“From a phenomenological viewpoint, in the Photograph, the power of authentication exceeds the power of representation.”
Authenticity cannot be defined simply, especially when referring to perceptions of what once were. To say a photograph isn’t authentic is futile; for they are reproductions of a perception of what has been. This has been my mistake in my research so far. I saw authenticity as the truth, and what is depicted in a photograph semantically is not the same as the photograph itself. The photograph exists, we can see it, touch it, this is authenticity. In Roland Barthes’ Camera Lucida, he states:
Photography never lies: or rather, it can lie as to the meaning of the thing, being by nature tendentious, never as to its existence.
So in regards to family photography (in the way that we know it now, showing smiling faces and strong ties in the family) the fact that there is a “pose” in place, doesn’t make the photograph untrue, unauthentic. For the photograph to exist in the first place, there must be authenticity. The people documented were there, they existed in this tiny moment in time, they existed together and in this way.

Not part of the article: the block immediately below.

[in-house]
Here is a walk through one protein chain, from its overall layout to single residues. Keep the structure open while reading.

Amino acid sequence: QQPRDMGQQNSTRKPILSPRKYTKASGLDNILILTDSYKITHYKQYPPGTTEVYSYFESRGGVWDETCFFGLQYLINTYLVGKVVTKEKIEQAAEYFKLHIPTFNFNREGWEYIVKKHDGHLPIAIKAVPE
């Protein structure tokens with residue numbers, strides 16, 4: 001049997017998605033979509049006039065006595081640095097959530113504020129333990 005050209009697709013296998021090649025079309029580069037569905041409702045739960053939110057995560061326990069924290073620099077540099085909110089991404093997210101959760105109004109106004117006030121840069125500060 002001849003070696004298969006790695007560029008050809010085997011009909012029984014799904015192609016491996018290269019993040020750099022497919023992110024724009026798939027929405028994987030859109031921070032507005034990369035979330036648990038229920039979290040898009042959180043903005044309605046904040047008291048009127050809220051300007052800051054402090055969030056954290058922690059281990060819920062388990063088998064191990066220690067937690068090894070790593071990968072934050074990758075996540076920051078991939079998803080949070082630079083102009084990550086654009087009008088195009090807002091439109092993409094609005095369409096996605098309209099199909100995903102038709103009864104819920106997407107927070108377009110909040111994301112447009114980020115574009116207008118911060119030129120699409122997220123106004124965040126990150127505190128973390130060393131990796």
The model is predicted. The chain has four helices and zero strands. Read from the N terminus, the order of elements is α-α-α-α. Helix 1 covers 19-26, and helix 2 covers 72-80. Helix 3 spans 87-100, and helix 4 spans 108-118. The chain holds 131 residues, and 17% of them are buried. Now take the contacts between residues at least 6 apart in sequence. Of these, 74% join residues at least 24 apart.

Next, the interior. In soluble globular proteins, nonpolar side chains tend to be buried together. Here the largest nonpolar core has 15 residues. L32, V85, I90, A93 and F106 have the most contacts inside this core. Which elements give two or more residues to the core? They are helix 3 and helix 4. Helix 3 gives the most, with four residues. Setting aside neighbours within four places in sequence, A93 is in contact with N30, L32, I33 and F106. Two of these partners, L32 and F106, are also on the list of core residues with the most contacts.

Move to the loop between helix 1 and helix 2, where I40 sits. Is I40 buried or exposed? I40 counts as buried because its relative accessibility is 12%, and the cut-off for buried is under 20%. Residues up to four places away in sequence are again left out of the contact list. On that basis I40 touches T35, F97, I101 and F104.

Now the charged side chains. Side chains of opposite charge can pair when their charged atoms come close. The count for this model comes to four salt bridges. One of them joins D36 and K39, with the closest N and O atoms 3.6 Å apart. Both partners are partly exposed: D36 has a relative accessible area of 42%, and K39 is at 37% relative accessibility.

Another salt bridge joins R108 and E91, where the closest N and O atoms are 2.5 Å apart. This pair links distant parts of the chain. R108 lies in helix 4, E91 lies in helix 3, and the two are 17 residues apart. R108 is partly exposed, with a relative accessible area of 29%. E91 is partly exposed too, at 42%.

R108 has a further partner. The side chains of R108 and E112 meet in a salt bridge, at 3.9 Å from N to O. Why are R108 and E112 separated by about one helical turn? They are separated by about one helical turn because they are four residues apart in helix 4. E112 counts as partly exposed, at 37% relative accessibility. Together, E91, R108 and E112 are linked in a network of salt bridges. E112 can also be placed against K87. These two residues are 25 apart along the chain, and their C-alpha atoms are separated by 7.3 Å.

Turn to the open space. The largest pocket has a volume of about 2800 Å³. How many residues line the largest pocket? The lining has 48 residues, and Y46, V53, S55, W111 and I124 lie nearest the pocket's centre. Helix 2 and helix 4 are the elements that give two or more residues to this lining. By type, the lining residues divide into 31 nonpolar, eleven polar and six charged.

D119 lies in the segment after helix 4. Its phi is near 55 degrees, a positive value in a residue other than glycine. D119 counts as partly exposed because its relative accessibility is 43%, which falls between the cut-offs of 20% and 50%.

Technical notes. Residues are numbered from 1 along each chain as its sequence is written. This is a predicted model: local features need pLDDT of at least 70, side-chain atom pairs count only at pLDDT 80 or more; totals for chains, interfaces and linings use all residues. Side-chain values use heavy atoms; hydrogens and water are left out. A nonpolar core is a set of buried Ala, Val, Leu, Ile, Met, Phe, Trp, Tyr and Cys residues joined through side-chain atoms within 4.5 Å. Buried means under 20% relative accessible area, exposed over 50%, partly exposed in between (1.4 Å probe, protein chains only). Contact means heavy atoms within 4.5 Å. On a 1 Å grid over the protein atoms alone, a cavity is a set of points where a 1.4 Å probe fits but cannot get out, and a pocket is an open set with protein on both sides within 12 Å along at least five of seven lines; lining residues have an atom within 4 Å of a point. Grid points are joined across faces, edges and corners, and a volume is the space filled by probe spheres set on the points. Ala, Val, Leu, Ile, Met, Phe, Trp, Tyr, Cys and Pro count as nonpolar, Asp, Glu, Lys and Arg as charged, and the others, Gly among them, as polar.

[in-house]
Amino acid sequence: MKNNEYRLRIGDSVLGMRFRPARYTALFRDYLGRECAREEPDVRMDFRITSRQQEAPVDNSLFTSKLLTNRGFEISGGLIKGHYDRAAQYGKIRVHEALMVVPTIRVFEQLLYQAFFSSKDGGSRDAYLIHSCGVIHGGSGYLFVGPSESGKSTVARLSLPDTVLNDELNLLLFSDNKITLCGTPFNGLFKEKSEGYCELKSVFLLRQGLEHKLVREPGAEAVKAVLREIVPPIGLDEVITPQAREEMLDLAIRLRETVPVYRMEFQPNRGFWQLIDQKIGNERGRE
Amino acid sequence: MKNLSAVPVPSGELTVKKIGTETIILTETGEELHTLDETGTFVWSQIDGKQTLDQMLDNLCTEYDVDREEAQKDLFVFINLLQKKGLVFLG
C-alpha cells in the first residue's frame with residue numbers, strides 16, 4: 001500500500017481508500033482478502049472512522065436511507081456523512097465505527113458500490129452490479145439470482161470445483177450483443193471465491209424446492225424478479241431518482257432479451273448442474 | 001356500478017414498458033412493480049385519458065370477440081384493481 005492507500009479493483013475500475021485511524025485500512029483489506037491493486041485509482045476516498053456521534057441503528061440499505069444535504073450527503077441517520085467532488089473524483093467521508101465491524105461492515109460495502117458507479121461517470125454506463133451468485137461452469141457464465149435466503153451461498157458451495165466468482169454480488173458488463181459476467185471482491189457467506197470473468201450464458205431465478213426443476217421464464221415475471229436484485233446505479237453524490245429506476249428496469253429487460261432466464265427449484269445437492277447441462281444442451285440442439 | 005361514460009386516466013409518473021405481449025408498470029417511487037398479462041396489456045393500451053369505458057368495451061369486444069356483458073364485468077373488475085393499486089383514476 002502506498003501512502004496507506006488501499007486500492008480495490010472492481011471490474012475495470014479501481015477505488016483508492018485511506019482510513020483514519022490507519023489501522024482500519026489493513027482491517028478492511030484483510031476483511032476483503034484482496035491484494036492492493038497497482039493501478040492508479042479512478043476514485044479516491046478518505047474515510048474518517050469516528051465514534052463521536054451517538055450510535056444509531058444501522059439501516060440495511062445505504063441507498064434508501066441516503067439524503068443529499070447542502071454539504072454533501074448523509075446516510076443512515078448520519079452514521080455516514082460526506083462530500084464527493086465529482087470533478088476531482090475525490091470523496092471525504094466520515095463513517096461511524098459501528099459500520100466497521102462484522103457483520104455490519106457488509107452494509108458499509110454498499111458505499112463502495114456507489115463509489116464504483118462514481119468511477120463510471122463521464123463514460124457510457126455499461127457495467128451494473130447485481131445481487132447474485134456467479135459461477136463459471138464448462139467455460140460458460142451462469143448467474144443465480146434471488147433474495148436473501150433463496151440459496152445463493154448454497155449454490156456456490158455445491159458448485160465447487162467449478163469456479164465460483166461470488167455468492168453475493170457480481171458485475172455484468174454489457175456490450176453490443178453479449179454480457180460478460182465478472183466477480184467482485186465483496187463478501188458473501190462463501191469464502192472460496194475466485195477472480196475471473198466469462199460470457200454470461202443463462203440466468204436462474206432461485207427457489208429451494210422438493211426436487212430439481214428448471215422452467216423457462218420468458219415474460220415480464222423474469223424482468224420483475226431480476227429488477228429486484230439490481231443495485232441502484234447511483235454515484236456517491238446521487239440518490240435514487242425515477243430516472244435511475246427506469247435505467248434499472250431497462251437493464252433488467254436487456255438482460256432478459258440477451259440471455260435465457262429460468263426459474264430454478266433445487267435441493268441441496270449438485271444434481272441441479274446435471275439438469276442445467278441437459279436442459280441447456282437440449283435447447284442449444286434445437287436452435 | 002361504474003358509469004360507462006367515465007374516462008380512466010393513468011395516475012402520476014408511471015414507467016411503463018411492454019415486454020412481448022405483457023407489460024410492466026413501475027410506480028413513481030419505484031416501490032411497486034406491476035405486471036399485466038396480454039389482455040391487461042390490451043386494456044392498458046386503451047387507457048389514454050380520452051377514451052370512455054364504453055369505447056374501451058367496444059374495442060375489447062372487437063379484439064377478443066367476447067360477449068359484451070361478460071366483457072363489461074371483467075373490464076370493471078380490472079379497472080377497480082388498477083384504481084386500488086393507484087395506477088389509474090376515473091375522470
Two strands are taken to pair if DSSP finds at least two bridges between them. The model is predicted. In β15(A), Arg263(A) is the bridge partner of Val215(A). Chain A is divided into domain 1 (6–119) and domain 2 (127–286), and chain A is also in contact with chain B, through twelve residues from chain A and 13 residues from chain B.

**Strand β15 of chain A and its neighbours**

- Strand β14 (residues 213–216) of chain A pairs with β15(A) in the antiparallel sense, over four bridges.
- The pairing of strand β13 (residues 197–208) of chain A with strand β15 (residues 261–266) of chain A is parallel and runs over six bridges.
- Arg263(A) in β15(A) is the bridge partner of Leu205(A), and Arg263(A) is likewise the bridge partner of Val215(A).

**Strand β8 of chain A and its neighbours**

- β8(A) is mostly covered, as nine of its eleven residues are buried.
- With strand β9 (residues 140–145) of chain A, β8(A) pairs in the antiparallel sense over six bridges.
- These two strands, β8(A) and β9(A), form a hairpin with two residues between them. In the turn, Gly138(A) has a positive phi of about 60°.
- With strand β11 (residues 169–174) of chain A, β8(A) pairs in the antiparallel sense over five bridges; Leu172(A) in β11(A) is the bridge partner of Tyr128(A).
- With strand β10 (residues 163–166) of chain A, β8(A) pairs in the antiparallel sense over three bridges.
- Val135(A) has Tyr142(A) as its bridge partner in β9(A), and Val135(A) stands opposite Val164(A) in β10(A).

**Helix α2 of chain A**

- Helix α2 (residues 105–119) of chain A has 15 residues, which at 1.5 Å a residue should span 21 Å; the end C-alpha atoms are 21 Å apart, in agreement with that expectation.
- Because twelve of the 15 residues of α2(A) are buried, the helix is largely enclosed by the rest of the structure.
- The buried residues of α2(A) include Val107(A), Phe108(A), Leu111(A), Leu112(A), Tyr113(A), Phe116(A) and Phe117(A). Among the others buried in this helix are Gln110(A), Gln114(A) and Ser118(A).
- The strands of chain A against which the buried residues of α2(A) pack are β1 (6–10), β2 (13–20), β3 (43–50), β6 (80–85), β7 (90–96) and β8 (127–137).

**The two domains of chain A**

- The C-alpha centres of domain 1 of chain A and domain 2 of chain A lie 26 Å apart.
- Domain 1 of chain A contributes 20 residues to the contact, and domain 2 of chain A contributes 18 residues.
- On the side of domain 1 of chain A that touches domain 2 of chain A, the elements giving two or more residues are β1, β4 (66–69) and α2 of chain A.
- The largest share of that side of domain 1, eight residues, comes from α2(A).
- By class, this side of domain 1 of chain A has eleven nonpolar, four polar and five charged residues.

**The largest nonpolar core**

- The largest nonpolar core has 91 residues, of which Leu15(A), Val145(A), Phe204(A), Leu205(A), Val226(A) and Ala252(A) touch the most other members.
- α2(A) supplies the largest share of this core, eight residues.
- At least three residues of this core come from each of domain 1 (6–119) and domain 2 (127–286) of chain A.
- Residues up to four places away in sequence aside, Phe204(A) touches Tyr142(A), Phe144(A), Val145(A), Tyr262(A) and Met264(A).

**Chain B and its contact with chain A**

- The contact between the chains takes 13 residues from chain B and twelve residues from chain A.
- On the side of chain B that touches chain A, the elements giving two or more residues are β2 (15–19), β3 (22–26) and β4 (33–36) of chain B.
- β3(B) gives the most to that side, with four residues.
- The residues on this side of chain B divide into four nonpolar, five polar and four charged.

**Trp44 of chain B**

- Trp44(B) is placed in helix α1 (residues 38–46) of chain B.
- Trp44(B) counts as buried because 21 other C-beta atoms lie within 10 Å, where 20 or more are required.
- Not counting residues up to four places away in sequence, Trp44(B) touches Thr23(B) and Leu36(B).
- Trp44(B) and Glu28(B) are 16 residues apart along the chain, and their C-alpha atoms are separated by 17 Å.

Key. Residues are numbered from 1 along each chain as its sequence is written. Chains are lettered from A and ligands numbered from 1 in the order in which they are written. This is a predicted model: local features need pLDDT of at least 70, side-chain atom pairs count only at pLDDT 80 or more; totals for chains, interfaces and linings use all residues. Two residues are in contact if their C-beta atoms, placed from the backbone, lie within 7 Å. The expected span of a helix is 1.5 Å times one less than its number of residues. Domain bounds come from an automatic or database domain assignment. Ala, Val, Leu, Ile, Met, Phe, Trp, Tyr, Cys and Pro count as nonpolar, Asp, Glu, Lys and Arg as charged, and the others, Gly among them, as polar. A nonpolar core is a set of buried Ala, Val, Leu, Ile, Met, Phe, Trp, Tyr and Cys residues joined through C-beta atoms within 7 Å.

In regards to the authenticity of the meaning of what is depicted is a very different story, and relative to the subject, the photographer and the viewer. To someone who has no knowledge of the people depicted, we would read the meaning of the photograph in a different way. With this image to the left, I have no knowledge of who these people are or what they were like, but my stadium (my historical, social and political knowledge) can tell me that this was probably taken in or around the 70′s, judging from the style of clothes these people are wearing. A historian would believe this to be authentic, not just by the nature of the physical artefact but of the content. We cannot measure the authenticity of a photograph through meaning, it is dependant on our relation with what is depicted. A relation of someone who is within this image would have a punctum, a strong feeling of loss, an emotional tie to this photograph, and would therefore be read in a different manner.
Barthes, R. (1980) Camera Lucida: Reflections on Photography. London: Vintage Books
Dillon, B. (2011) Rereading: Camera Lucida by Roland Barthes [online] available at <http://www.theguardian.com/books/2011/mar/26/roland-barthes-camera-lucida-rereading> (26 March 2011)